Medical card eligibility extended for terminal illness under interim scheme
Image courtesy of pxhere.com
‘End of life’ criteria extended from 12 to 24 months.
Terminally ill patients with a prognosis of up to 24 months are to receive medical cards, according to Health Minister, Stephen Donnelly,.
The Minister said the Government had approved the extension of eligibility for medical cards for this group of patients.
Up to now, all those who had a prognosis of up to 12 months met the ‘end of life’ criteria for eligibility for medical cards. This is now being extended to 24 months.
The Minister said the Department of Health would be working closely with the Health Service Executive (HSE), with the aim of ensuring “necessary processes and communications to operationalise the scheme are in place within weeks.”
The Department said the new arrangement would confer a benefit to patients with diagnoses across a range of specialties, such as neurology, cardiology, respiratory and oncology.
The Government made a commitment in its Programme for Government to extend medical card eligibility in cases of terminal illness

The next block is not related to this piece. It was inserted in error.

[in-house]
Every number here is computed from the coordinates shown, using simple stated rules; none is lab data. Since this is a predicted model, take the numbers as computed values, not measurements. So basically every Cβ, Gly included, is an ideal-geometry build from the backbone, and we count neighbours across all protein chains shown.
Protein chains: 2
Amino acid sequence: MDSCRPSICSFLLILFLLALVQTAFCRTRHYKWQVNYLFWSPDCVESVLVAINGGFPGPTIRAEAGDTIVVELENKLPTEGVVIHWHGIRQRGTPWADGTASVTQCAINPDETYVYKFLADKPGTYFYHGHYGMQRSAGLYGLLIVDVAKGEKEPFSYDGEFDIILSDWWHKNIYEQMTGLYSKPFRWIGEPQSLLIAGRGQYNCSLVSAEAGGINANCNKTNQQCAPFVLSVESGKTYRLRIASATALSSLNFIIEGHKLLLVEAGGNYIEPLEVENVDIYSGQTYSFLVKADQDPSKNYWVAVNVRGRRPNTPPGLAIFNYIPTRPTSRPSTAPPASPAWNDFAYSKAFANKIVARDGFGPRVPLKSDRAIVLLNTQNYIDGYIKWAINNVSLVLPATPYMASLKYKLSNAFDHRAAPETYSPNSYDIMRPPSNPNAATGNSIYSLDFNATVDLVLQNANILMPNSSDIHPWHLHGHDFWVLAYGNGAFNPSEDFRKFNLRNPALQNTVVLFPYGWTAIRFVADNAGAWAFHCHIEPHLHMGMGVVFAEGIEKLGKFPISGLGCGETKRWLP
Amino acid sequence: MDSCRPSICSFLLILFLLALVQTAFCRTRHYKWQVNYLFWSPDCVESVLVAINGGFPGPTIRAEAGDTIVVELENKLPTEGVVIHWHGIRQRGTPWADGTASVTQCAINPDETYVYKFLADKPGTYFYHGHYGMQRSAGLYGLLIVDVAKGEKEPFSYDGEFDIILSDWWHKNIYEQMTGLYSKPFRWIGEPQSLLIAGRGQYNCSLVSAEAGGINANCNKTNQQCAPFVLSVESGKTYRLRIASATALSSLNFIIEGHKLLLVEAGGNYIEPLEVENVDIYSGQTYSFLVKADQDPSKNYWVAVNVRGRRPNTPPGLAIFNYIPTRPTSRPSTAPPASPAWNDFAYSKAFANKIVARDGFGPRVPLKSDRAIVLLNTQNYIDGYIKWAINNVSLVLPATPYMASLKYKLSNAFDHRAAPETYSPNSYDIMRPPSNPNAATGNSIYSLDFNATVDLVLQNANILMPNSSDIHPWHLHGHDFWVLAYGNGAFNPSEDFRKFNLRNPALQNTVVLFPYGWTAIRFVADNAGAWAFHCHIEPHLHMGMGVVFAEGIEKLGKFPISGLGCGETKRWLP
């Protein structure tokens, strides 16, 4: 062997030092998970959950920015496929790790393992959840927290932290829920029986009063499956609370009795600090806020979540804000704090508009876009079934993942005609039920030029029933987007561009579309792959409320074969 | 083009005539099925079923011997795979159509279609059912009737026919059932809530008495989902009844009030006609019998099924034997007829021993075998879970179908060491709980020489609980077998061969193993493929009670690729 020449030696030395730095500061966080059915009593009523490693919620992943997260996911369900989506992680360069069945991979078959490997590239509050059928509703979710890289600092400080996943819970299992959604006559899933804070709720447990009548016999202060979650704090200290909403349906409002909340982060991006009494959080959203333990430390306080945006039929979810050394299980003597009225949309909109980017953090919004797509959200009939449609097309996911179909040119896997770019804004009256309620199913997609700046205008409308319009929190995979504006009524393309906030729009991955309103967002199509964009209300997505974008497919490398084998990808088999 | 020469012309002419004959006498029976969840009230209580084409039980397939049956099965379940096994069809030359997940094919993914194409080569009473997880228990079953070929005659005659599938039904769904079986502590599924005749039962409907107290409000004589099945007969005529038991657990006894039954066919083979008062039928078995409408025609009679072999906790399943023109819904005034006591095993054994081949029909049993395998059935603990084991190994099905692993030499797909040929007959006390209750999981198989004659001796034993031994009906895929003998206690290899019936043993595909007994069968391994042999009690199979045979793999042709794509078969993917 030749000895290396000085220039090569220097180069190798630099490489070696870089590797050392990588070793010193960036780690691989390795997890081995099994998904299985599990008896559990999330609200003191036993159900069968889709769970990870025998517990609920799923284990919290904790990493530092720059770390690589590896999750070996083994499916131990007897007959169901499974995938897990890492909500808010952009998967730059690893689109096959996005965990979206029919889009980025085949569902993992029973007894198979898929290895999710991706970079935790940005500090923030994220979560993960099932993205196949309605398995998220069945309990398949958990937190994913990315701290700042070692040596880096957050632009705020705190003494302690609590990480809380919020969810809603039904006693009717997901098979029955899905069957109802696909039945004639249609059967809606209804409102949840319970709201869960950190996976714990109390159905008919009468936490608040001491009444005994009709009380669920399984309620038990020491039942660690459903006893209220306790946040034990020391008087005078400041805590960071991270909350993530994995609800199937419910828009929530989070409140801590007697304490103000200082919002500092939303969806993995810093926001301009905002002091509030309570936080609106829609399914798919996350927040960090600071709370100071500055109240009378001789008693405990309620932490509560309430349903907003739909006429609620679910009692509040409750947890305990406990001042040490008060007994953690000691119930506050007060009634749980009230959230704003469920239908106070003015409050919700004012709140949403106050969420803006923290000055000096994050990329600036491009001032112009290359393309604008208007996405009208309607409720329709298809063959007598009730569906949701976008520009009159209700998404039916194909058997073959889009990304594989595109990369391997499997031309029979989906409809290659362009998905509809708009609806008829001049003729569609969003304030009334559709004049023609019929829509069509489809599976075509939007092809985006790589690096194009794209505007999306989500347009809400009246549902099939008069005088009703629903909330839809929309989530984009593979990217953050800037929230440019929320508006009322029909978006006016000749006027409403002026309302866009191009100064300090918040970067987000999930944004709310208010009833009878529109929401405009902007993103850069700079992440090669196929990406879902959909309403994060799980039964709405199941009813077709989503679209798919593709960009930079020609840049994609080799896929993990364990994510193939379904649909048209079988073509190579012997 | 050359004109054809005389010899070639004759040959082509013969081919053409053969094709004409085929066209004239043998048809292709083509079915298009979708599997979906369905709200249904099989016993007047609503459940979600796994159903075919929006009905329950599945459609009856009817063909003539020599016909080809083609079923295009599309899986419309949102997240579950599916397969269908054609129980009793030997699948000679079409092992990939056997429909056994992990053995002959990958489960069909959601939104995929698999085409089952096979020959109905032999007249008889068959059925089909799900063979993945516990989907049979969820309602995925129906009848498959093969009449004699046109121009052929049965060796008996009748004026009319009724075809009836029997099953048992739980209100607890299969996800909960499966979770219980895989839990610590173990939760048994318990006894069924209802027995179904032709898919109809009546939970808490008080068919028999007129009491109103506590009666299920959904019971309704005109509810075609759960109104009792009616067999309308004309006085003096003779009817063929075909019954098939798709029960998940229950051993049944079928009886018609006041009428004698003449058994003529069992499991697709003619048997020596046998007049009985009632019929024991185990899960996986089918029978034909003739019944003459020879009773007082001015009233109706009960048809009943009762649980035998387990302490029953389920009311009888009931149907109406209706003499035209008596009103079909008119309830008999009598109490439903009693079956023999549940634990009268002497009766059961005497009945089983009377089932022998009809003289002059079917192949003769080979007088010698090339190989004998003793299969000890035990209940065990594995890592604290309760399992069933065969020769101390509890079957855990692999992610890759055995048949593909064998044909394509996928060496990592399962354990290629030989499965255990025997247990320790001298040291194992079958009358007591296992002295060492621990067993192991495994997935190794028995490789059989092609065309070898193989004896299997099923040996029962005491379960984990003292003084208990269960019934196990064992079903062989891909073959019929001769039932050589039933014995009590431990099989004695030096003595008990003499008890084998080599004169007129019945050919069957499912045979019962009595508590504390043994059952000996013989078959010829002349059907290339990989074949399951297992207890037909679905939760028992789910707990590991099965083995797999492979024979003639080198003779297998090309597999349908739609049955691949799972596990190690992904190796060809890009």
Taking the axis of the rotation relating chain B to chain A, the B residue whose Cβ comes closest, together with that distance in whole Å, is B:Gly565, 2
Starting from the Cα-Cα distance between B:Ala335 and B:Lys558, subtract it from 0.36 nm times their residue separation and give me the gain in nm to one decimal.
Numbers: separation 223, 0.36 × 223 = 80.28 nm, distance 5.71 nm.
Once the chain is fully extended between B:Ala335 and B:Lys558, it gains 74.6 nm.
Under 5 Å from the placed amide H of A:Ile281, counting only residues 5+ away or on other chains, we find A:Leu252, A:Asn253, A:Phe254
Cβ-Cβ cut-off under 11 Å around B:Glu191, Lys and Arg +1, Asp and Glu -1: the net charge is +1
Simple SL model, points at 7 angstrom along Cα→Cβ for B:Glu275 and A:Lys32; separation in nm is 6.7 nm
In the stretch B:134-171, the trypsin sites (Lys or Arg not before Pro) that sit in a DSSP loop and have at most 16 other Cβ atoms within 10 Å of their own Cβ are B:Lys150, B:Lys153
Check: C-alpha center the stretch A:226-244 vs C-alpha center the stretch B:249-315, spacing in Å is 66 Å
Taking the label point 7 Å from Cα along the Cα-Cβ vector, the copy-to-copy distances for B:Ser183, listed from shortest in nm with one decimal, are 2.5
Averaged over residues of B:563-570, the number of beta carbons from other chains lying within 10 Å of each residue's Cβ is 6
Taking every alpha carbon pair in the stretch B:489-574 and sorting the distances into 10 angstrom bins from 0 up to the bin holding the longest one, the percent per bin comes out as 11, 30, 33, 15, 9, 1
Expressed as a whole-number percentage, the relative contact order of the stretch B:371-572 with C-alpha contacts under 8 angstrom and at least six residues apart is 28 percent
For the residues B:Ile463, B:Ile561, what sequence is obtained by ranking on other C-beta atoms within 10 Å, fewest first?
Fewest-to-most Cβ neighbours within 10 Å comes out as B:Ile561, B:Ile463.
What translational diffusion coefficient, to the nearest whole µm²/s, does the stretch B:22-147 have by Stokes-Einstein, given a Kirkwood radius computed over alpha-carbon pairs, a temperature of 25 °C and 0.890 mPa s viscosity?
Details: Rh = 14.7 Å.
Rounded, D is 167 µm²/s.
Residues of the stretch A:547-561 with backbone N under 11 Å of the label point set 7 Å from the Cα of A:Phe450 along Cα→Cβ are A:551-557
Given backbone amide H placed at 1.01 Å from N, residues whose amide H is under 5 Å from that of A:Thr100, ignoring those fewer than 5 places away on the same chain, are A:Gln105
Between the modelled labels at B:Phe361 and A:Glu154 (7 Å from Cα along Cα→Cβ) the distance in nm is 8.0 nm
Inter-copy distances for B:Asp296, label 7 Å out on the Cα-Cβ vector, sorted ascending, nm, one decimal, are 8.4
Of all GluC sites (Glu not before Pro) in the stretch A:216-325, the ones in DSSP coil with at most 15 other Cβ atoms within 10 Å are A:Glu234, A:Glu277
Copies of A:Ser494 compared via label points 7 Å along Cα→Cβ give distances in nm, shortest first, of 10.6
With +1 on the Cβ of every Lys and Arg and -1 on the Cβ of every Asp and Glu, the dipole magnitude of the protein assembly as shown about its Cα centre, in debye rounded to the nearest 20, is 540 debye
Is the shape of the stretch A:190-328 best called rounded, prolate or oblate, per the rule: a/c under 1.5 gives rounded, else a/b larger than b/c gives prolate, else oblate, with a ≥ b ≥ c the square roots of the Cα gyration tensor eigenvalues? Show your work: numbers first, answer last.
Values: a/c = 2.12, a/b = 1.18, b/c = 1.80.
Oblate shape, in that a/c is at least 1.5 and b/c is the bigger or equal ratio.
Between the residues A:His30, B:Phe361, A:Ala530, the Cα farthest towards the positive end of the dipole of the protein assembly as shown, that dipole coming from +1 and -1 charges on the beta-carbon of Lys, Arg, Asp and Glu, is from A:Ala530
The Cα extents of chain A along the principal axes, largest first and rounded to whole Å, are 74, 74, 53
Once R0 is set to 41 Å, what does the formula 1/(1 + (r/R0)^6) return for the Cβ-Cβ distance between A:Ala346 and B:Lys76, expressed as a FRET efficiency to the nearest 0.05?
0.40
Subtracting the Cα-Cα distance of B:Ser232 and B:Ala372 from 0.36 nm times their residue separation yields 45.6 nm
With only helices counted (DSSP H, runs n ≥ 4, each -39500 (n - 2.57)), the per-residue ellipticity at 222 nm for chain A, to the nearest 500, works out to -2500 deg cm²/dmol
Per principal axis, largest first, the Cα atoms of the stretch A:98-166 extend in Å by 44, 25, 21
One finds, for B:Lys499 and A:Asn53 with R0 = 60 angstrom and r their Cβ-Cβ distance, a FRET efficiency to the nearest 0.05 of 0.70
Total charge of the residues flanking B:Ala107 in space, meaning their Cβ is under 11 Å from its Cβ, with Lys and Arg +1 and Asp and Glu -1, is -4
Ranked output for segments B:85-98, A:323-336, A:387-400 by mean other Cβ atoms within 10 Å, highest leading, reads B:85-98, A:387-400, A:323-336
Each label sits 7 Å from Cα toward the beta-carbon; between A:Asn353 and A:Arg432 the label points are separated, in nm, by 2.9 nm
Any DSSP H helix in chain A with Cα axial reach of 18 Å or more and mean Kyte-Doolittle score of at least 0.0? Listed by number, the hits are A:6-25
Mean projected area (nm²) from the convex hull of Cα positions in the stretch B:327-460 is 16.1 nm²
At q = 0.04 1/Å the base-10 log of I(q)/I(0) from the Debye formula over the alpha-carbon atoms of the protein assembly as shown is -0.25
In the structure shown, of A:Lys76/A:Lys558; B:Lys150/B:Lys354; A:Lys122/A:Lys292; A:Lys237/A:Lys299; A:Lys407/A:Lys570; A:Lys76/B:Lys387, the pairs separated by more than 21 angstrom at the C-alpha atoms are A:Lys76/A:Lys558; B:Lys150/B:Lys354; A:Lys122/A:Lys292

Last November, a Clinical Advisory Group was established by the HSE to carry out a review of the existing process for medical cards in cases of terminal illness. It recommended legislative change to extend eligibility in cases of terminal illness.
The administrative scheme announced by the Minister on Tuesday February 9 is to be in place for 12 months, pending the development of legislative options, currently being examined by the Department of Health.
Minister Donnelly said: “A terminal diagnosis is undoubtedly devastating. The provision of a medical card can provide much needed certainty and reassurance for individuals and their families during such a difficult time.”
There are currently some 1,800 medical cards granted on ‘end of life’ criteria.
This article first appeared on www.imt.ie and was written by Maureen Browne.